A retired teacher and a third-grader at Madison Simis Elementary School are bonding despite the challenges of the COVID-19 pandemic.
Kathy Tincombe of North Central has been working with Wylie Mulligan, 8, through the Oasis Intergenerational Tutoring Program since Wylie was in kindergarten. Through the program, Tincombe would meet one-on-one with Wylie weekly in school, where they would read together, play games, sing and chant to boost the boy’s reading, writing and communication skills. Oasis is a program that partners with the Madison Elementary School District to pair older adults with students needing literacy support.
Tincombe, who taught for 30 years in kindergarten, first and second grades, prepared lessons for Wylie to engage in when she came to the campus. They would play games focused on finding words, as well as using flash cards and Tincombe would read non-fiction books to him about animals, as he loves to learn about them. Wylie also would read aloud and practice chants and songs Tincombe created to help him learn.
“I took a shine to him right away,” Tincombe said. “I felt an instant rapport with him. He’s a delightful boy. He’s very intelligent and he is very interested in the world. He loves humor. We bonded right away. His comprehension is excellent because he is very bright. It was just the mysteries of learning to read that kind of stumped him at times.”
Since students have been taking classes from home online due to the Coronavirus crisis, Tincombe, 72, and Wylie have written each other letters and communicated through video chats to stay connected. Tincombe sent him letters with chants and songs to help him keep up with his reading and a picture of her new dog. She also texts Wylie’s mother, Meghan Mulligan, to keep in touch.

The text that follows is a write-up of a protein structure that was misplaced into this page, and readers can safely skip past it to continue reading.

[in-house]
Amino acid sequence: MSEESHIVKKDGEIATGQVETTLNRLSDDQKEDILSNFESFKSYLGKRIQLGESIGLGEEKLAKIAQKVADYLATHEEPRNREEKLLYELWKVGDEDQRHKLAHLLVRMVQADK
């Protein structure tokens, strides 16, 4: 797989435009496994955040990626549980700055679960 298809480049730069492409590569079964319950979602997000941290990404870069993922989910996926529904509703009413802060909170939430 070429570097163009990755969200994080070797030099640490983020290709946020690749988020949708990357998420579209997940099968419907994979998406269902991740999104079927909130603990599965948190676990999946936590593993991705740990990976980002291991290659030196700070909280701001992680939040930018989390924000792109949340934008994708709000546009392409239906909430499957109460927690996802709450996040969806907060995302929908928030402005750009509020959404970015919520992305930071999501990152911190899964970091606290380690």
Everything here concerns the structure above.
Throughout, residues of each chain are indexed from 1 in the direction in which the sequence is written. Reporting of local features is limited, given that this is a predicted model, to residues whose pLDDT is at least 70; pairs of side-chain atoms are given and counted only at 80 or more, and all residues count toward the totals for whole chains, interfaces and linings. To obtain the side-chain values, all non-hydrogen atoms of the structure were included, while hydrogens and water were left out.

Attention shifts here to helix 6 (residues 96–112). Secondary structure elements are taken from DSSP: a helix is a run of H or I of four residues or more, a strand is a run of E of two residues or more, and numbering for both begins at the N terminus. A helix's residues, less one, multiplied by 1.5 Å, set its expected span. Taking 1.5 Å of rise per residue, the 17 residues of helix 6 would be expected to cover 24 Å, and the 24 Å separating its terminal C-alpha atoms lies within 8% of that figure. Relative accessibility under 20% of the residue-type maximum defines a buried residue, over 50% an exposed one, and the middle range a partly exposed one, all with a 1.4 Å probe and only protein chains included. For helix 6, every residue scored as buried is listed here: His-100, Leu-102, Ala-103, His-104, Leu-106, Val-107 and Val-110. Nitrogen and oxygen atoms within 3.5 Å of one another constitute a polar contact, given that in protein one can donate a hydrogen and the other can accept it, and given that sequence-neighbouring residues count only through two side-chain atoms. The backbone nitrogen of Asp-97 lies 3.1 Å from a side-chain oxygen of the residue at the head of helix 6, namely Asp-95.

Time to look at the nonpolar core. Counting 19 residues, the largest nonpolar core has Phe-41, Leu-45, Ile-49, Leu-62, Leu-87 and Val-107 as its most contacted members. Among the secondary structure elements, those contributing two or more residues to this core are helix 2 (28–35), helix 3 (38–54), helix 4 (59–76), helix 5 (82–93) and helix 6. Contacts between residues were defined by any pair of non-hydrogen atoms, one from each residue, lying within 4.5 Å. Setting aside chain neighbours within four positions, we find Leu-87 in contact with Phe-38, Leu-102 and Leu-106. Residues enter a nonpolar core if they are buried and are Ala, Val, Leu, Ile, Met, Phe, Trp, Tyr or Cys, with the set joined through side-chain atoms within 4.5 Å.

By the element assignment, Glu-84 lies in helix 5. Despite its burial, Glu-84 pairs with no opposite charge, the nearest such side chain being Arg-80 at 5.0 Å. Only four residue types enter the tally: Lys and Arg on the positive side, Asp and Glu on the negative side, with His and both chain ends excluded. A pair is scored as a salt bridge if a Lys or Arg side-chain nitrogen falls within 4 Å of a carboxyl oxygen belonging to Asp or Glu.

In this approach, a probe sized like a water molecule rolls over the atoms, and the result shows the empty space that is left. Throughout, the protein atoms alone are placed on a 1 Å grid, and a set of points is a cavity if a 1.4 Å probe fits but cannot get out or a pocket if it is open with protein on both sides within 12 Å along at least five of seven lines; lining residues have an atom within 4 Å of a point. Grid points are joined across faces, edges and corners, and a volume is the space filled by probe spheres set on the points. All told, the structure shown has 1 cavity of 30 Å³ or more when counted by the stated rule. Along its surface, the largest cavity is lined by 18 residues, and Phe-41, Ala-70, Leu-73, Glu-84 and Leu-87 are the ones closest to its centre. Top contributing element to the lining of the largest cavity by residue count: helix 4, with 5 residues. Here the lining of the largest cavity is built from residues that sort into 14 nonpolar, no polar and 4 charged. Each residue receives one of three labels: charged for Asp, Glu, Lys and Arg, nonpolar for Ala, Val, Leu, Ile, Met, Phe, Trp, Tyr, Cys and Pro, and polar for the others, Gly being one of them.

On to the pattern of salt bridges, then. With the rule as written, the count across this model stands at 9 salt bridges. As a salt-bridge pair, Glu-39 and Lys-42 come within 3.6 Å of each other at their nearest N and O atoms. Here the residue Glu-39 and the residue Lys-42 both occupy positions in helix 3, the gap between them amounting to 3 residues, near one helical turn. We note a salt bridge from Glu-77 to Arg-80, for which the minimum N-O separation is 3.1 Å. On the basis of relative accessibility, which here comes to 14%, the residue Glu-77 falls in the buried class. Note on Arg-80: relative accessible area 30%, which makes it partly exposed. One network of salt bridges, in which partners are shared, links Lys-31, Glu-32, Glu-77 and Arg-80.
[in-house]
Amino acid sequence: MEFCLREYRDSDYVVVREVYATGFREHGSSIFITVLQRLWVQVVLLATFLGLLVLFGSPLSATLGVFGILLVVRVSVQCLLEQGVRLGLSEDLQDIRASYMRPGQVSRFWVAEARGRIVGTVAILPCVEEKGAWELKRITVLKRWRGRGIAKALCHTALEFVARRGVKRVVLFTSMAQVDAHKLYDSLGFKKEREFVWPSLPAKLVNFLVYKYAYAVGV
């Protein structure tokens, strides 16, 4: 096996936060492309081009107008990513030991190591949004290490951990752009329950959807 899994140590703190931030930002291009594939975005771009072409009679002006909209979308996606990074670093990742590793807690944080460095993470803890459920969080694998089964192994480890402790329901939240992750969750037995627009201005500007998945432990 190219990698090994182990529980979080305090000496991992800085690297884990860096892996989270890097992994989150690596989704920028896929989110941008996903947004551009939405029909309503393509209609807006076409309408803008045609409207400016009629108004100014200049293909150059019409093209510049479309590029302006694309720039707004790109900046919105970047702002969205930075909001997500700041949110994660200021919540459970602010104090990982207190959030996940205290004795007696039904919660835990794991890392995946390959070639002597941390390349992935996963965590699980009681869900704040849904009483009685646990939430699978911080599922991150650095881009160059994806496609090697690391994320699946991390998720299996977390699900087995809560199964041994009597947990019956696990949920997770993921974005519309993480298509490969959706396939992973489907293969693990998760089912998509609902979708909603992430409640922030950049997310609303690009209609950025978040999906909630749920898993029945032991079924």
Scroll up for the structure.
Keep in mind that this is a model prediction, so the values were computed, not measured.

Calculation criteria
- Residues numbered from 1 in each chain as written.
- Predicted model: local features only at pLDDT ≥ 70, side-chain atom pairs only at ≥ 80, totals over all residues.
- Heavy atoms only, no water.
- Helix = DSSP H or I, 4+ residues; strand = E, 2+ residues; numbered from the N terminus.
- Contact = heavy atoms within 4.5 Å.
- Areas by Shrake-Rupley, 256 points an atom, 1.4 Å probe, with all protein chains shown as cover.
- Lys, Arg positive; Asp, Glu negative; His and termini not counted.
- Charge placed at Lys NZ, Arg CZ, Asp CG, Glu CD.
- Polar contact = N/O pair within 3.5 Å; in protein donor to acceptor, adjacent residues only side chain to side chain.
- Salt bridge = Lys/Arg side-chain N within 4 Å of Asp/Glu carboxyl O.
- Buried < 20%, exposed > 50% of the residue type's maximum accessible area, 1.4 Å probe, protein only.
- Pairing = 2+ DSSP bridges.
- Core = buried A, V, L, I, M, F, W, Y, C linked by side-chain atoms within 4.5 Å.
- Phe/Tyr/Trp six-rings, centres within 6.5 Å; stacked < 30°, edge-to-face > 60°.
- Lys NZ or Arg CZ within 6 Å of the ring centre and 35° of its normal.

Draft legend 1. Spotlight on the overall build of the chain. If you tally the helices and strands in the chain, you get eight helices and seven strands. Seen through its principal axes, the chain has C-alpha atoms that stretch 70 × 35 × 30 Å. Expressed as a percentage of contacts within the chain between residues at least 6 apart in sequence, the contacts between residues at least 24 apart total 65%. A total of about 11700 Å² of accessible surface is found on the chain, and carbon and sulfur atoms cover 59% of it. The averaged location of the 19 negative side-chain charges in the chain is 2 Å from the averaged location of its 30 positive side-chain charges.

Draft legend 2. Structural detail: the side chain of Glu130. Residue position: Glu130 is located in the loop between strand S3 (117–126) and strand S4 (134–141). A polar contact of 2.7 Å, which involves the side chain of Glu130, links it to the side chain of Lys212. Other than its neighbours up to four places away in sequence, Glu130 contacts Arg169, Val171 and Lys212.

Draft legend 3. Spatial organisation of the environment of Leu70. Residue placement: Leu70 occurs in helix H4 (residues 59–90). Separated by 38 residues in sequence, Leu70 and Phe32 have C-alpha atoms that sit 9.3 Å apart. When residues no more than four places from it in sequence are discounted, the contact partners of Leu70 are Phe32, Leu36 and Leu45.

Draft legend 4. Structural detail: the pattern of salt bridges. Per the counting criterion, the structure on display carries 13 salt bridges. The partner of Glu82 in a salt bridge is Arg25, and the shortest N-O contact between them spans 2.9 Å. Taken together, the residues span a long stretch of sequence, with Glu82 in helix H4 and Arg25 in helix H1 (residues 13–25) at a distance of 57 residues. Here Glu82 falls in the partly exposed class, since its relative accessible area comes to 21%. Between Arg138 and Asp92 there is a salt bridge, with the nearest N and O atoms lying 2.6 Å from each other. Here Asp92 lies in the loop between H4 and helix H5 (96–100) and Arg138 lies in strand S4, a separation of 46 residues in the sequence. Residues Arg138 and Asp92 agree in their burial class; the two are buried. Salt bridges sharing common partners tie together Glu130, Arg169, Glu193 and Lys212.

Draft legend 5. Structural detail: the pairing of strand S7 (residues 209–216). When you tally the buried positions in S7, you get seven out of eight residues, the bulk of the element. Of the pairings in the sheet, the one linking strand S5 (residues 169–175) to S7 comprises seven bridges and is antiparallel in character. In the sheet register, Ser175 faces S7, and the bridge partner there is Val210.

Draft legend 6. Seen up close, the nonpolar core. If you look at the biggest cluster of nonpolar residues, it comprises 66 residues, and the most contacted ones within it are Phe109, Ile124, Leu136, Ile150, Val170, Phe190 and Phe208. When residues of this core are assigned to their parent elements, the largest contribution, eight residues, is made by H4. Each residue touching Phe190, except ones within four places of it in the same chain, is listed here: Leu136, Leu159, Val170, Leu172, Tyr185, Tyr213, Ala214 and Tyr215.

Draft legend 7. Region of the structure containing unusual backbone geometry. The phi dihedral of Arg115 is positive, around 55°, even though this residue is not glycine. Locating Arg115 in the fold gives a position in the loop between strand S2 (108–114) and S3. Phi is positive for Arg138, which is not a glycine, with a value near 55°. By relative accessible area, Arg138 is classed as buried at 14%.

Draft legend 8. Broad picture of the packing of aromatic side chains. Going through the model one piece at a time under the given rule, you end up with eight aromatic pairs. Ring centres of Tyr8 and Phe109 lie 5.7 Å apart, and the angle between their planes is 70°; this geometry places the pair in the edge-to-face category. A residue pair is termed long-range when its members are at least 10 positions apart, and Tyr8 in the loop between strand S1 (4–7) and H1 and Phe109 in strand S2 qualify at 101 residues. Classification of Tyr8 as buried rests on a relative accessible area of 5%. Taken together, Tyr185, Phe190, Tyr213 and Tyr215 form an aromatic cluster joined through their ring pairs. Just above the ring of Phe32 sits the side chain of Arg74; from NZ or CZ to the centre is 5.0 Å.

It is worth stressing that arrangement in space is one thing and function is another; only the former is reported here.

“We do Zoom calls and she can still send books through the mail,” Wylie said. “We write letters to each other.”
Meghan said she has seen Wylie improve greatly with his reading since Tincombe started working with him.
“We absolutely love it,” Meghan said. “We call her Miss Kathy. They have developed such a cute and special relationship. He likes telling her things.”
She said her daughter, Moira, 6, a first-grader, has been involved in the program, too, and writing letters to her tutor. While Wylie had been back in the classroom for in-person learning, as of press time, Tincombe said she will not be able to visit the school in person due to health issues that would make her more vulnerable to contracting COVID-19. Once a vaccine is approved and she can obtain it, she plans to return to in-person tutoring.
Other tutors also are writing letters to the children they work with during this pandemic. More than 100 tutors in the Madison district participate in the tutoring program.